In other words, what we saw quickly became too much too soon. How do we represent atrocity? Polak notes that by Stassen complicates our response to these facts by “…asking us to negotiate our own moral imaginations within the safety of a narrator.” Stassen has placed a perpetrator at the center of this narrative’s moral world. This text (Polak argues) asks us to understand the relationships between author, characters, and audience. Stassen is a white Belgian. Does he have a right to tell this story? Is it corrupted through his eyes? Polak argues that Stassen is commenting on “…the reader’s act of looking and the need to distinguish between the acts of reading about an event and actually experiencing it.” Is Deogratias actually uninterested in the images? Polak argues that Stassen’s main goal seemed to be emphasizing the misunderstandings imbued everyday lead up to the genocide. Things happened because we didn’t understand their implications. For Polak, the conclusion is simple:
“Deogratias is… about the constellation of experiences that contribute to memory and how those memories fare in the wake of disaster.”
There’s a line at the end of this chapter that speaks to Polak’s perspective about all these texts: “…to watch without action is complicit.” It’s a heavy claim that leads effectively into her next discussion, about “Rape and Reflexivity in Watchmen.” Here, Polak’s goal is to examine how the author manipulates the imaginative work of the reader. How do we process rape in a narrative? The Comedian attempts to rape Sally Jupiter. Rorshach, another of the difficult and brutal Watchmen, seems unconcerned with the action. “I’m not here to speculate on the moral lapses of men who died in their country’s service,” he says. Polak’s focus regarding Watchmen seems to be about empathy. She argues that this text is “…partly a commentary on the inability to see a situation from the perspective of another…” If these characters seem callous as they disregard the ramifications and consequences of the rape, Polak argues that the creators:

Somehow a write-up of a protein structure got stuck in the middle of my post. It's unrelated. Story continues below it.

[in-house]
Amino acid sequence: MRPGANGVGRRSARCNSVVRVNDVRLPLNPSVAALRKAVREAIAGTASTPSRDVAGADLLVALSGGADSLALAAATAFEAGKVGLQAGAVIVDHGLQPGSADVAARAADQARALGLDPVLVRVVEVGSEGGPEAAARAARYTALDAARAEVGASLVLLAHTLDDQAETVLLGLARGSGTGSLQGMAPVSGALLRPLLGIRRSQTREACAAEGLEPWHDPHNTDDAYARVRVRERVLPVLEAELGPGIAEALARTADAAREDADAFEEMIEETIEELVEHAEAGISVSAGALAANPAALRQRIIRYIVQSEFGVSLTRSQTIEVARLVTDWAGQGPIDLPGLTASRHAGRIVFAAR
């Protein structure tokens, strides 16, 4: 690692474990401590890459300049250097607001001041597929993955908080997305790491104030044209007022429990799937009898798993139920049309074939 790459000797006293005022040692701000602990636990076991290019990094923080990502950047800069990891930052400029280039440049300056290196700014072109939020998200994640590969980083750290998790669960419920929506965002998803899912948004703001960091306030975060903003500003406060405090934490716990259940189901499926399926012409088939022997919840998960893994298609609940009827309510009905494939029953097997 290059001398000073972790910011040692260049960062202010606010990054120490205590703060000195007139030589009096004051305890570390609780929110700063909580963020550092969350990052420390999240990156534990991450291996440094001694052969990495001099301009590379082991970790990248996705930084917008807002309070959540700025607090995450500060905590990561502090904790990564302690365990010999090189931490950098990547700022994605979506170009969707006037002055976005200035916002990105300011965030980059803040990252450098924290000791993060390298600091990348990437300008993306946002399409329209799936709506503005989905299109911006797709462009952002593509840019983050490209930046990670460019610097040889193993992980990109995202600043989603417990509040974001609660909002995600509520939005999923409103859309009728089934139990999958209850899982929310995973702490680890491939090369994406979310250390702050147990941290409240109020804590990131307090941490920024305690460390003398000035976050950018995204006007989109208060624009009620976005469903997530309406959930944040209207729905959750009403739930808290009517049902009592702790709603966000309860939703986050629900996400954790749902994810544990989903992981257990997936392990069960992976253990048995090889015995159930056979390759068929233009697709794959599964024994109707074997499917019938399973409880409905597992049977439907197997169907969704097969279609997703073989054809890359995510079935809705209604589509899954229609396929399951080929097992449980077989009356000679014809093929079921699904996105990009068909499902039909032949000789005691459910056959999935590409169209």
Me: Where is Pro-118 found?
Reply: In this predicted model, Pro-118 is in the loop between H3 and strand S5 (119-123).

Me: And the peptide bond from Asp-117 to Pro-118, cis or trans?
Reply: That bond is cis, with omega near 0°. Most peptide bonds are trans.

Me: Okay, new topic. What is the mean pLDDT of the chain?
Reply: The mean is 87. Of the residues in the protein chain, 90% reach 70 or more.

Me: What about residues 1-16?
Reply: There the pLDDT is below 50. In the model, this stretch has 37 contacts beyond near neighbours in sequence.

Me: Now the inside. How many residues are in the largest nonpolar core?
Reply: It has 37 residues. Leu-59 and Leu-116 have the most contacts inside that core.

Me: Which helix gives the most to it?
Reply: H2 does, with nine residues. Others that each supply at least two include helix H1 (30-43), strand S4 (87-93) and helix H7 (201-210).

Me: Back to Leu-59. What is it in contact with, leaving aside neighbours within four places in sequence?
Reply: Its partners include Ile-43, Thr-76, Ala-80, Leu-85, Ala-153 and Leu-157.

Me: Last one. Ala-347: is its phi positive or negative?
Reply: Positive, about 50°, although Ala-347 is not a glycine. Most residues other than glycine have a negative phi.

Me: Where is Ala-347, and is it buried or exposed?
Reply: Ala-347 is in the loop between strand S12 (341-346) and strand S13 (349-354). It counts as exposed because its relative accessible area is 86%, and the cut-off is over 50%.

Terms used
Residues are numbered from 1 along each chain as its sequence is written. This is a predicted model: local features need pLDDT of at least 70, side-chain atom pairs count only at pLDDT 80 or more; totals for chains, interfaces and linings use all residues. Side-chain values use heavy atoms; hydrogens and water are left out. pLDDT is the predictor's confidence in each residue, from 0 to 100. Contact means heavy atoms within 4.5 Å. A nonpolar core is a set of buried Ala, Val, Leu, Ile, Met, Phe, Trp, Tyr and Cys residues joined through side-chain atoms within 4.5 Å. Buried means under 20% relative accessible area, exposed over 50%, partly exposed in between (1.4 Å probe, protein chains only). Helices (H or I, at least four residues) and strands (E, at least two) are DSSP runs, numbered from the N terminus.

“…gesture at the regularity with which we dismiss sexual violence towards women.”
For Polak, this attempted rape “…is a representation of the inherent violence of a society turning its hand against itself.” In her examination of Jason Aaron and R.M. Guera’s Scalped (Vertigo, 2007), Polak is concerned with the likelihood that Native history has been erased. She believes this text is “…preoccupied with what it means to perform an ‘authentic’ Native American identity… how a legacy of violence and marginalization… effects… memory and the transmission of trauma…”